Comprehensive evidence implies a higher social cost of CO2 .

Journal Article (Journal Article)

The social cost of carbon dioxide (SC-CO2 ) measures the monetized value of the damages to society caused by an incremental metric tonne of CO2 emissions and is a key metric informing climate policy. Used by governments and other decision-makers in benefit-cost analysis for over a decade, SC-CO2 estimates draw on climate science, economics, demography and other disciplines. However, a 2017 report by the US National Academies of Sciences, Engineering, and Medicine1 (NASEM) highlighted that current SC-CO2 estimates no longer reflect the latest research. The report provided a series of recommendations for improving the scientific basis, transparency and uncertainty characterization of SC-CO2 estimates. Here we show that improved probabilistic socioeconomic projections, climate models, damage functions, and discounting methods that collectively reflect theoretically consistent valuation of risk, substantially increase estimates of the SC-CO2 . Our preferred mean SC-CO2 estimate is $185 per tonne of CO2 ($44-$413 per tCO2 : 5%-95% range, 2020 US dollars) at a near-term risk-free discount rate of 2%, a value 3.6 times higher than the US government's current value of $51 per tCO2 . Our estimates incorporate updated scientific understanding throughout all components of SC-CO2 estimation in the new open-source Greenhouse Gas Impact Value Estimator (GIVE) model, in a manner fully responsive to the near-term NASEM recommendations. Our higher SC-CO2 values, compared with estimates currently used in policy evaluation, substantially increase the estimated benefits of greenhouse gas mitigation and thereby increase the expected net benefits of more stringent climate policies.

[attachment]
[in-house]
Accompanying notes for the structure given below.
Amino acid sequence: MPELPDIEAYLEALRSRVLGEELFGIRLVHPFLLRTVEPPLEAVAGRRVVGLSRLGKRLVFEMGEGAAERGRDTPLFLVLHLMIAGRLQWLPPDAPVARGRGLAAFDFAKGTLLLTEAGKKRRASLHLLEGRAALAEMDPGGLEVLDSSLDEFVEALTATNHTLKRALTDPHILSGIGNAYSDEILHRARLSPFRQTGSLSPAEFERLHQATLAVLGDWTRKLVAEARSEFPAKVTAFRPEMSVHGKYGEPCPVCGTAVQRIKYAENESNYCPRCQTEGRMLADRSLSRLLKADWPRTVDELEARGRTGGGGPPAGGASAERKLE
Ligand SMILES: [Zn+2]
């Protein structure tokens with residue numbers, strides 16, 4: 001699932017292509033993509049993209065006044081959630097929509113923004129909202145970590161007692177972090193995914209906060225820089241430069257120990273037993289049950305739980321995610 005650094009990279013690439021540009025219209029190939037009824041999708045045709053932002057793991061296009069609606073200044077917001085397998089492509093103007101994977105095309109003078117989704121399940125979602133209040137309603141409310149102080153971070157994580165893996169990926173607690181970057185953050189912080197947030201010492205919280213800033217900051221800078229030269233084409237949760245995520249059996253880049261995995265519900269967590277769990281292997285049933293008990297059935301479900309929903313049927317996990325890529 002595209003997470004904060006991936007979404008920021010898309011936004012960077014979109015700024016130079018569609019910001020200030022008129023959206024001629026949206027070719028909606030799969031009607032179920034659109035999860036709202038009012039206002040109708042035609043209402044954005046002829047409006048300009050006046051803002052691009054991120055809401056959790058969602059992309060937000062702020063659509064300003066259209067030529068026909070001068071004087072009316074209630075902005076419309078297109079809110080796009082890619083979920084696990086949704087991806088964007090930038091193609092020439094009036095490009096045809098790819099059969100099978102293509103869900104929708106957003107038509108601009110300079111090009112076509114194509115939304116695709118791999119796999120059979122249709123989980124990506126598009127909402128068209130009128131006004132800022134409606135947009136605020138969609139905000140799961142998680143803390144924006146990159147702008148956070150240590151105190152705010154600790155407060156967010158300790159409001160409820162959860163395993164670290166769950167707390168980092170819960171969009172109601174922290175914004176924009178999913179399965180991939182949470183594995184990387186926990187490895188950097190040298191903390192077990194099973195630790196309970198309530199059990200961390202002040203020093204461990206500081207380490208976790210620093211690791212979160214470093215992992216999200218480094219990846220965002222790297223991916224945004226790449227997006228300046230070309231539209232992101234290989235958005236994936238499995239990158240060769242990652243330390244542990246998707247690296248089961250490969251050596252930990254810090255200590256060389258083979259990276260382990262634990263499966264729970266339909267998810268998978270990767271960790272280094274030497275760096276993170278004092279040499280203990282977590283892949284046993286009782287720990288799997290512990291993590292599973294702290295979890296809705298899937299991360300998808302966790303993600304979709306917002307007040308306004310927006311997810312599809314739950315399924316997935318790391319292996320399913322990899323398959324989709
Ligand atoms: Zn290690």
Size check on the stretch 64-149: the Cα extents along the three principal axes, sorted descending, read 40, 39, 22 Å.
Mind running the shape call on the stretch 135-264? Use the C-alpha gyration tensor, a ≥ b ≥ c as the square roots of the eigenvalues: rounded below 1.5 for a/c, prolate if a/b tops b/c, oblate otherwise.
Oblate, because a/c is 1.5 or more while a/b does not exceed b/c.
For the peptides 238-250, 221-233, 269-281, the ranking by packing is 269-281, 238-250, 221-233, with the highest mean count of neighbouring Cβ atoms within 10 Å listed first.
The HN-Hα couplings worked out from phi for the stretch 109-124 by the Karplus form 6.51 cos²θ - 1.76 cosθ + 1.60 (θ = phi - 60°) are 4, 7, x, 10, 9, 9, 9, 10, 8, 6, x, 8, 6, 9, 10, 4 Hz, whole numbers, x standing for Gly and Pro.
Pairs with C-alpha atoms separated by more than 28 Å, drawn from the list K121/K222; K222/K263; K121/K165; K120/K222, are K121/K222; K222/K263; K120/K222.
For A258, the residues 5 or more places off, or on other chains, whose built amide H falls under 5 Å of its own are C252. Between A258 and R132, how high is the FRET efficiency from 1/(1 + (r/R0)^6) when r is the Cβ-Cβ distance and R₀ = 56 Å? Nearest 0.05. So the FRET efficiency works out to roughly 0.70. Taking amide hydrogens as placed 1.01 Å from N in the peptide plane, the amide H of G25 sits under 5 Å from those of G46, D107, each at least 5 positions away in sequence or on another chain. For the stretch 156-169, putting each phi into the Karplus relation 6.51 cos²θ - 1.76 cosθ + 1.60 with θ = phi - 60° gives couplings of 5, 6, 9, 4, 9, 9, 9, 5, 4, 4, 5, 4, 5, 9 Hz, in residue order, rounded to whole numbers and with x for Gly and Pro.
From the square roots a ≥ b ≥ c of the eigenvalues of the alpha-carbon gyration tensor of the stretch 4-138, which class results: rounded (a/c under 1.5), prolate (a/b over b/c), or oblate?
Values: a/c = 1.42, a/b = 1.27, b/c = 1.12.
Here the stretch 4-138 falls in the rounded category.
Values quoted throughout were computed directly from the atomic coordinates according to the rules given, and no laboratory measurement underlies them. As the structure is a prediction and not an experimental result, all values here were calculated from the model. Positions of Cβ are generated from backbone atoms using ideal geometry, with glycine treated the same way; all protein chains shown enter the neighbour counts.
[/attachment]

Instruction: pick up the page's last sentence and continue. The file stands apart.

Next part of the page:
Full Text

Duke Authors

Cited Authors

  • Rennert, K; Errickson, F; Prest, BC; Rennels, L; Newell, RG; Pizer, W; Kingdon, C; Wingenroth, J; Cooke, R; Parthum, B; Smith, D; Cromar, K; Diaz, D; Moore, FC; Müller, UK; Plevin, RJ; Raftery, AE; Ševčíková, H; Sheets, H; Stock, JH; Tan, T; Watson, M; Wong, TE; Anthoff, D

Published Date

  • October 2022

Published In

Volume / Issue

  • 610 / 7933

Start / End Page

  • 687 - 692

PubMed ID

  • 36049503

Pubmed Central ID

  • PMC9605864

Electronic International Standard Serial Number (EISSN)

  • 1476-4687

International Standard Serial Number (ISSN)

  • 0028-0836

Digital Object Identifier (DOI)

  • 10.1038/s41586-022-05224-9

Language

  • eng